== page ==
The Whiting School of Engineering logo in white against a blue background.

A headshot of Charles Meneveau wearing an indigo sweater over a white shirt with a blurred bookshelf in the background.

Charles Meneveau, the Louis M. Sardella Professor in Mechanical Engineering and associate director of the Institute for Data-Intensive Science and Engineering (IDIES), was awarded the 2024 G K Batchelor Prize “for his high-impact fundamental contributions to the study of turbulence and wall-bounded flows, and for bringing insightful and rigorous fluid mechanics to the science of wind turbines and wind farms for the benefit of society.”


A headshot of Stavroula Sofou.

Stavroula Sofou, professor of chemical and biomolecular engineering, was awarded the 2023 Dionisopoulou Prize by the the Academy of Athens, Greece’s highest research establishment, for her work on simultaneously targeting many regions of solid tumors using the same cancer therapeutic but with different delivery methods. These variations can impact how drugs are delivered, absorbed, and distributed within the tumor tissue. 


A headshot of Alexander Szalay.

Alexander Szalay, a Bloomberg Distinguished Professor, a professor in the Department of Computer Science, and the director of the Institute for Data Intensive Engineering and Science, was named a Fellow of the Association for Computing Machinery, the world’s largest and most prestigious society of computing professionals, “for transformative contributions to computing science and technology.”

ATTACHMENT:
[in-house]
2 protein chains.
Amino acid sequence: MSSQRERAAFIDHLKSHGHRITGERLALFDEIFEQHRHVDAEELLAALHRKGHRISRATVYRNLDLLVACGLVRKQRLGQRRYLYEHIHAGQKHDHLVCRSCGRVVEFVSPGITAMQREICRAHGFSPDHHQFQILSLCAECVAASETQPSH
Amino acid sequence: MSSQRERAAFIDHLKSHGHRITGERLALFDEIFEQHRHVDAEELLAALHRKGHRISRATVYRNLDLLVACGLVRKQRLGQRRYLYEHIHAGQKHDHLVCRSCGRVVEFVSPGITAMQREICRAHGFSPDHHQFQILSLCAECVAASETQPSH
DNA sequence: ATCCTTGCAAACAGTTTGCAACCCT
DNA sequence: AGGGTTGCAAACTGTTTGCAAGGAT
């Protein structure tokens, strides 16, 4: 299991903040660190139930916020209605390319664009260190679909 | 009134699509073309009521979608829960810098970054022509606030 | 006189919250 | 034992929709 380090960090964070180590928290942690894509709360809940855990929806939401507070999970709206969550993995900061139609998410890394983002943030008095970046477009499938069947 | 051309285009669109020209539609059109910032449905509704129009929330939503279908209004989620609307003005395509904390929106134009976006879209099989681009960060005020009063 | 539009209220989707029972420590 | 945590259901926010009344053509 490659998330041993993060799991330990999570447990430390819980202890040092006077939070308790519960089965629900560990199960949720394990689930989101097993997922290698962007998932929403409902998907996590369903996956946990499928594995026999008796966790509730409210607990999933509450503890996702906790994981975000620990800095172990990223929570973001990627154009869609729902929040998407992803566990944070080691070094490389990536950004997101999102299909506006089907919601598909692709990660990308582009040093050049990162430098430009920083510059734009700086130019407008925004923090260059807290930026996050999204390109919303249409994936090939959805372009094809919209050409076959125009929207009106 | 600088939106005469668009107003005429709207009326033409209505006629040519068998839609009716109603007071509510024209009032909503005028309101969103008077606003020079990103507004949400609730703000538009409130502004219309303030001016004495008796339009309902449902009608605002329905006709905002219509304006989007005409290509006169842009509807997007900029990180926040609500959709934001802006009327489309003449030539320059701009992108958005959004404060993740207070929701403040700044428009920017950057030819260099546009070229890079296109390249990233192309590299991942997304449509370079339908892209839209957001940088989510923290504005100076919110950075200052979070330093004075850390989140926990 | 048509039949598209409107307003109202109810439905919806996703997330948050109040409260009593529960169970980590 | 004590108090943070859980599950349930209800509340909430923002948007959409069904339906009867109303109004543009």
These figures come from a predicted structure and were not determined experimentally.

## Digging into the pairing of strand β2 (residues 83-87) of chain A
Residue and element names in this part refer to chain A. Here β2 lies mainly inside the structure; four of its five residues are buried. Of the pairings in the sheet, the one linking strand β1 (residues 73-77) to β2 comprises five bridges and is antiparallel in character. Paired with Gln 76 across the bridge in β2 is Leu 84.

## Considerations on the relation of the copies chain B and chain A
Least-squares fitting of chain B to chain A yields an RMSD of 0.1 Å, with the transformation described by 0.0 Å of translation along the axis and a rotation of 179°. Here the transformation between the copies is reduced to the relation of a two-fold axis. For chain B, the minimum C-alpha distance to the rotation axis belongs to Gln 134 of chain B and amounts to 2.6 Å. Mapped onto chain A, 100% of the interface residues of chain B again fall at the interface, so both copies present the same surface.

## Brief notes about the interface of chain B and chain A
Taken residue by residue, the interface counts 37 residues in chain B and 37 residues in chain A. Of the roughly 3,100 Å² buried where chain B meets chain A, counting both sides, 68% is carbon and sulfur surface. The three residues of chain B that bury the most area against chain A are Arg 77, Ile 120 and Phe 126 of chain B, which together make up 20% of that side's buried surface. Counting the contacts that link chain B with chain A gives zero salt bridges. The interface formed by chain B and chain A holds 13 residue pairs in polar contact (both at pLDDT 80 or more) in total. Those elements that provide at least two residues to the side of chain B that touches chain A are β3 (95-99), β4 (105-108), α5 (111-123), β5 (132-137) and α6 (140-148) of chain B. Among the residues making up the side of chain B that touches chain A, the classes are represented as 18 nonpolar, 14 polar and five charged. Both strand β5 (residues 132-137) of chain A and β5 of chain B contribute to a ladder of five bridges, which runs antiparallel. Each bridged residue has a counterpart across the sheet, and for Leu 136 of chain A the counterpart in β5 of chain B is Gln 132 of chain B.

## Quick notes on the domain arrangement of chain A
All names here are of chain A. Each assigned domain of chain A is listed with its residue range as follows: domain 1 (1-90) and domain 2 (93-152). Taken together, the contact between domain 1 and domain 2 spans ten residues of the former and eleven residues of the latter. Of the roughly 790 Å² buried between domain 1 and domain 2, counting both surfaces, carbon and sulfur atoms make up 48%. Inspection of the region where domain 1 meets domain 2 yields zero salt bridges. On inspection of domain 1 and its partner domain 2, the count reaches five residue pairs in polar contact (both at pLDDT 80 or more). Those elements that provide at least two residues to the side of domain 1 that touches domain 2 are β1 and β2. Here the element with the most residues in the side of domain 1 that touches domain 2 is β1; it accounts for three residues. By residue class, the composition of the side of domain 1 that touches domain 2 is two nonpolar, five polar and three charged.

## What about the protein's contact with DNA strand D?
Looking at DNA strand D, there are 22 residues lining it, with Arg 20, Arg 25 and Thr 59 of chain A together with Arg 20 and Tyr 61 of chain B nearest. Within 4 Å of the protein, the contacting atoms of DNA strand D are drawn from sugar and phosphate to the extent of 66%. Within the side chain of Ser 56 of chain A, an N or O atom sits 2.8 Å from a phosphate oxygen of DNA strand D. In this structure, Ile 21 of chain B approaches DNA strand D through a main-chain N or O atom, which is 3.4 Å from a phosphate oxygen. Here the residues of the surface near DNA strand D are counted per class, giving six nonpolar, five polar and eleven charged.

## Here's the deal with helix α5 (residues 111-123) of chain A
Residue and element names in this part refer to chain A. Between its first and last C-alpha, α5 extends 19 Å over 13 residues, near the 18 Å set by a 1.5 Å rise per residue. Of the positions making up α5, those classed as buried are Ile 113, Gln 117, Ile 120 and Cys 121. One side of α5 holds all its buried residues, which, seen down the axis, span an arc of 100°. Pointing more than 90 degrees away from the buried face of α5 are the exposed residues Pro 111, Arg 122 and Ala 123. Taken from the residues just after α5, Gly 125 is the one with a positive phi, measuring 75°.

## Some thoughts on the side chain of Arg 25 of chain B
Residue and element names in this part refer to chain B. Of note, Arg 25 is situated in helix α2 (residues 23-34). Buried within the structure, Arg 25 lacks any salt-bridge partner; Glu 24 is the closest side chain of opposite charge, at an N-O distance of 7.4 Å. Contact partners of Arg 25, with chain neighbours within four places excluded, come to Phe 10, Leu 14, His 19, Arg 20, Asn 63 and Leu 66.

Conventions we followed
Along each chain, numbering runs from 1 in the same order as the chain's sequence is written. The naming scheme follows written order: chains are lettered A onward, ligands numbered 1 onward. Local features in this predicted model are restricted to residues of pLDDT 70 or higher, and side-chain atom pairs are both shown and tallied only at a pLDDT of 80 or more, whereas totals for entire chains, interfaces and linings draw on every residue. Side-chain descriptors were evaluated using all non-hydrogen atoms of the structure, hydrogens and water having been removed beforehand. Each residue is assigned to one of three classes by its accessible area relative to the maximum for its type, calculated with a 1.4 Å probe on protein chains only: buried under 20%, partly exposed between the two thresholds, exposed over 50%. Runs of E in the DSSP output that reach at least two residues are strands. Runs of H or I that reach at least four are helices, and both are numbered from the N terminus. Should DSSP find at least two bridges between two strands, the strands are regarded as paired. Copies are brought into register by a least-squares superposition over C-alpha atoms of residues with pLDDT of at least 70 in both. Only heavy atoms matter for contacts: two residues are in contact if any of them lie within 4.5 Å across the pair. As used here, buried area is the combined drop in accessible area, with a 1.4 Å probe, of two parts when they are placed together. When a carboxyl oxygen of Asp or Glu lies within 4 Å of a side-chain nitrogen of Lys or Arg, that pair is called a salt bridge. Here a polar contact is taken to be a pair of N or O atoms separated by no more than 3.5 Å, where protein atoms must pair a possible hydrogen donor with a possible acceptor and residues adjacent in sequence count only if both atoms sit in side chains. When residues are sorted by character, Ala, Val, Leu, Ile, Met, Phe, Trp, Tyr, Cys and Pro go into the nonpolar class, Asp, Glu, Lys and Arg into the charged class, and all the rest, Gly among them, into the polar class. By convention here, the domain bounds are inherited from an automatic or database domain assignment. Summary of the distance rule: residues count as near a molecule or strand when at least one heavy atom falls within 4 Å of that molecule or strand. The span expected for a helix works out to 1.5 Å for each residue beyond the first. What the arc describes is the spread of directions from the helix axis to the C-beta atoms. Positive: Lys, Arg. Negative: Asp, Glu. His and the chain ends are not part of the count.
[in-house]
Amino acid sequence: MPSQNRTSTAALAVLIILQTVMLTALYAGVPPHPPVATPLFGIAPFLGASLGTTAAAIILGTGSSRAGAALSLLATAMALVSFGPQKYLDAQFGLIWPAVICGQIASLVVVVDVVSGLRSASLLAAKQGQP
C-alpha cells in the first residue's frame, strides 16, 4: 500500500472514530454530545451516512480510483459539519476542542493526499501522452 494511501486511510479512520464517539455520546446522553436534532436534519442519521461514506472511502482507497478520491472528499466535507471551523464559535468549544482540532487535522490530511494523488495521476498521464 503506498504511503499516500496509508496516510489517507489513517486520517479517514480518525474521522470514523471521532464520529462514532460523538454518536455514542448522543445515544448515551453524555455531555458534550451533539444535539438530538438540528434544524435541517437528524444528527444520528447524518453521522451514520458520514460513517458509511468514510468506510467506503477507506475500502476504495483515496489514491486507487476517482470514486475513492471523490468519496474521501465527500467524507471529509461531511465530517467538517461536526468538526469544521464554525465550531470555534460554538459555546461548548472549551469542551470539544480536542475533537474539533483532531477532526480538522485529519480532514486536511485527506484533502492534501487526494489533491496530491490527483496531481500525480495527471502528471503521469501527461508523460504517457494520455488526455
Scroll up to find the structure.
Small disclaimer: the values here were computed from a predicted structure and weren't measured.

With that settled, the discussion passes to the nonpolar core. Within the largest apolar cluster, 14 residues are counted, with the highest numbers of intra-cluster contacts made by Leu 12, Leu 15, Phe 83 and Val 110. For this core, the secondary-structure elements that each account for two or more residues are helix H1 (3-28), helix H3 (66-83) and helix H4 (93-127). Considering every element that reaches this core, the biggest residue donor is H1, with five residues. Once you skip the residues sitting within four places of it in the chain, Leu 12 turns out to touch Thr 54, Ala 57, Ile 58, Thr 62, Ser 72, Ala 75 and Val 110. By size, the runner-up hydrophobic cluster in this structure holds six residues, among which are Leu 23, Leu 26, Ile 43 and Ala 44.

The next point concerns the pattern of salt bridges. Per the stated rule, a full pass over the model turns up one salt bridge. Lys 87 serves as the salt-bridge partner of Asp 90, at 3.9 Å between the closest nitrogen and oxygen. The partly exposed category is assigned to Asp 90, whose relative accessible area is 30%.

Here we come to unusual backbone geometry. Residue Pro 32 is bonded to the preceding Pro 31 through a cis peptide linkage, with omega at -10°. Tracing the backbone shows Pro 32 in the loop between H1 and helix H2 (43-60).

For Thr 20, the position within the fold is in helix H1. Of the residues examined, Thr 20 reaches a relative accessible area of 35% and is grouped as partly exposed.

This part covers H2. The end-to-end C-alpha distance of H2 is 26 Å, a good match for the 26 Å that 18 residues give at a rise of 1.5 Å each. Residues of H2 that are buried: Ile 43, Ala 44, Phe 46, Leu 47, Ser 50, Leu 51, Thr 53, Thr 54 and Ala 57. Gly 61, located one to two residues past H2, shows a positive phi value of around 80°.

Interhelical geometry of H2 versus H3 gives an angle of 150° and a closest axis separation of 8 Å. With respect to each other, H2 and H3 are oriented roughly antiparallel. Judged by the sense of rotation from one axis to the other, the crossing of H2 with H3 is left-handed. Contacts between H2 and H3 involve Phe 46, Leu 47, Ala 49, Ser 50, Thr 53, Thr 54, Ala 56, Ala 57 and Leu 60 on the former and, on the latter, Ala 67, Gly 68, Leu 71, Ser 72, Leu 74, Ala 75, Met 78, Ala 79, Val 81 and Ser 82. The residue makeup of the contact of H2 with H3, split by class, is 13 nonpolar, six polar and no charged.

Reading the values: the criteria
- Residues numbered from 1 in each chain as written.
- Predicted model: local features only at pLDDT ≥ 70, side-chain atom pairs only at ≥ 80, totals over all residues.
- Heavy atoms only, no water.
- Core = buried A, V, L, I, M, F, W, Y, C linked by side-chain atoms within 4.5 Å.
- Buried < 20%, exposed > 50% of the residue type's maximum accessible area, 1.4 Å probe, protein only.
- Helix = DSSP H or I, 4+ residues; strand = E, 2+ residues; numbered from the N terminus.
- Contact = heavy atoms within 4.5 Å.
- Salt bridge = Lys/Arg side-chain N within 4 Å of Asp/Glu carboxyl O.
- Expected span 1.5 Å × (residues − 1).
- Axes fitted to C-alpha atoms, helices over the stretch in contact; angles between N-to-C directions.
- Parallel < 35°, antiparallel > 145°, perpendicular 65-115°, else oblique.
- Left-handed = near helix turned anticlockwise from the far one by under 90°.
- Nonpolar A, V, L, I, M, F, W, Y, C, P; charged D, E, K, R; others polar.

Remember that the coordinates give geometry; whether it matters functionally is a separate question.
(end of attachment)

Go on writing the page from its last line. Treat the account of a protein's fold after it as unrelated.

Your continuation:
Natalia Trayanova, the Murray B. Sachs Professor in the Department of Biomedical Engineering and a professor of medicine at the Johns Hopkins School of Medicine, was distinguished with the 2025 Hodgkin-Huxley-Katz Prize Lecture by the Physiological Society, recognizing her groundbreaking contributions to cardiovascular science and physiological research. She lectures on the findings of Hodgkin, Huxley, and Katz in her junior core BME undergraduate class and considers them “one of the most fundamental discoveries in biology/physiology.”


A headshot of Soledad Villar.

Soledad Villar, assistant professor of applied mathematics and statistics, was awarded the NSF Early CAREER Award. Her project, “Symmetries and Classical Physics in Machine Learning for Science and Engineering,” will blend invariant theory, representation theory, differential geometry, and classical physics to facilitate advanced coordinate-free machine learning methods with a particular focus on applications in representation learning and physics emulation within the domains of cosmology and climate science.


Headshot of Thi Vo standing in front of a white board with equations on it.

Thi Vo, assistant professor of chemical and biomolecular engineering, received the AFOSR Young Investigator Program award for “Synthetic-Biological LEGOs—Designing Versatile Nanoscale Synthons for Self-Assembly.” This award enhances early career development of outstanding young investigators and increases opportunities for the young investigators to engage in forwarding the Department of the Air Force’s mission and related challenges in science and engineering.